Democracy is Not a Multiparty System. It is Serving the People

Everyone remembers the last Ibero-American Summit in Chile, when Hugo Chavez according to the Spanish representative Jose Luis Zapatero, “insulted” Aznar, and claimed in his defense, respect for “having been elected democratically.”

The argument was made at the time that being democratically elected per se was not meritorious but rather it is the conduct when in power, and whether it serves the people well, that matters.

Democracy has been a word divested of its true meaning, and politically reworked by capitalists to defend their interests and attack other countries.

The United States is a multiparty democracy with two parties, but thanks to its complicated electoral system, the person in the Oval office may not be the person with the largest popular vote.

An example was when in one elections, the American people elected Al Gore, as determine by a final count at the polling stations, but because the candidate who gets the most popular votes in each state achieves all of the electoral office votes, Bush won.

And has Bush been democratic? The budgets for health, education and social security there have suffered the consequences of the excesses of his supporters. While he calls today for “democratic elections for Cuba”, his has the lowest popularity of any President in the history of the nation, meaning he is a president without popular support.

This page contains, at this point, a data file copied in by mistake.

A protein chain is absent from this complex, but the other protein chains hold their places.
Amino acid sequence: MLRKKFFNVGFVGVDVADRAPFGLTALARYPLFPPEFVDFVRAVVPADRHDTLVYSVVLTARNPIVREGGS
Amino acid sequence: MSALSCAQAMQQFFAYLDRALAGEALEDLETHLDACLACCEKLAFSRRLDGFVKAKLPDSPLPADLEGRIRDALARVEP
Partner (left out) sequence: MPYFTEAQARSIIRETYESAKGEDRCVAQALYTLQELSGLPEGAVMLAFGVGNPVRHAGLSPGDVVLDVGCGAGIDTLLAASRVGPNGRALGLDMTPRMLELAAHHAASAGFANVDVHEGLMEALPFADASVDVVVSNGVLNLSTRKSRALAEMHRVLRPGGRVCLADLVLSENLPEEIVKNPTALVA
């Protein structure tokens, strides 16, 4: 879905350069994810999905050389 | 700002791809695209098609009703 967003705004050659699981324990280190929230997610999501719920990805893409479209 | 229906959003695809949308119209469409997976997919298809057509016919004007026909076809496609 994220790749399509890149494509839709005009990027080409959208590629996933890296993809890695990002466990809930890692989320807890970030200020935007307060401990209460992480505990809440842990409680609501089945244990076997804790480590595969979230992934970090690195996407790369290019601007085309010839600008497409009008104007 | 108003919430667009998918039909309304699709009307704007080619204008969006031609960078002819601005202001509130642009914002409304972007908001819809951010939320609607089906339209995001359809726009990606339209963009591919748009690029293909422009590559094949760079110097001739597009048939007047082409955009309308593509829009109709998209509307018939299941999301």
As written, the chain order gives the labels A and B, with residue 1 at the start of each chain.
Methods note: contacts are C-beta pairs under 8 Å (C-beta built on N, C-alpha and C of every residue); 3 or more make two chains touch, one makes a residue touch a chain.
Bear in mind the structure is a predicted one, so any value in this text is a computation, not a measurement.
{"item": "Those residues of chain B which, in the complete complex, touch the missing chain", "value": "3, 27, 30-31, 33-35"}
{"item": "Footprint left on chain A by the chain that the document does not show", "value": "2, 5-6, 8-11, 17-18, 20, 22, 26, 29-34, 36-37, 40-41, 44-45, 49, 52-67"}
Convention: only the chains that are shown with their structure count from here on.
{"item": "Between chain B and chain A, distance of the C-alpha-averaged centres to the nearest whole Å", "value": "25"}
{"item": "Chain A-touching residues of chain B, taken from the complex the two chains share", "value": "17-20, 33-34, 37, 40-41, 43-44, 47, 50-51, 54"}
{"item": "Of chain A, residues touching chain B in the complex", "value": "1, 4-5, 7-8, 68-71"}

Cuba has just formed its 169 Municipal Assemblies of People’s Power (including the 14 of HolguĂ­n), after an election process where representatives were chosen in neighborhood meetings according to representative constituencies.

Also, in the structures of power in the municipalities, delegates have been nominated to the provincial assemblies and deputies to Parliament. Fifty per cent of these nominees are required to be members of municipal assemblies and the remainder are prominent personalities from different spheres of society, selected by committees of candidates, according to criteria set by mass labor collectives and organizations associated with particular living areas.

With this process, we have elected 56 deputies and 103 delegates to government.

By January 20, we have to go back to the polls for another consultation with the masses, but this time to vote on all candidates, as part of a revolutionary strategy to encourage the less well known and to guarantee the unity and strength of the people .

The Electoral Law of Cuba provides for closed nominations (one candidate per post), and was introduced more than a decade ago to enable voting in the Homeland.

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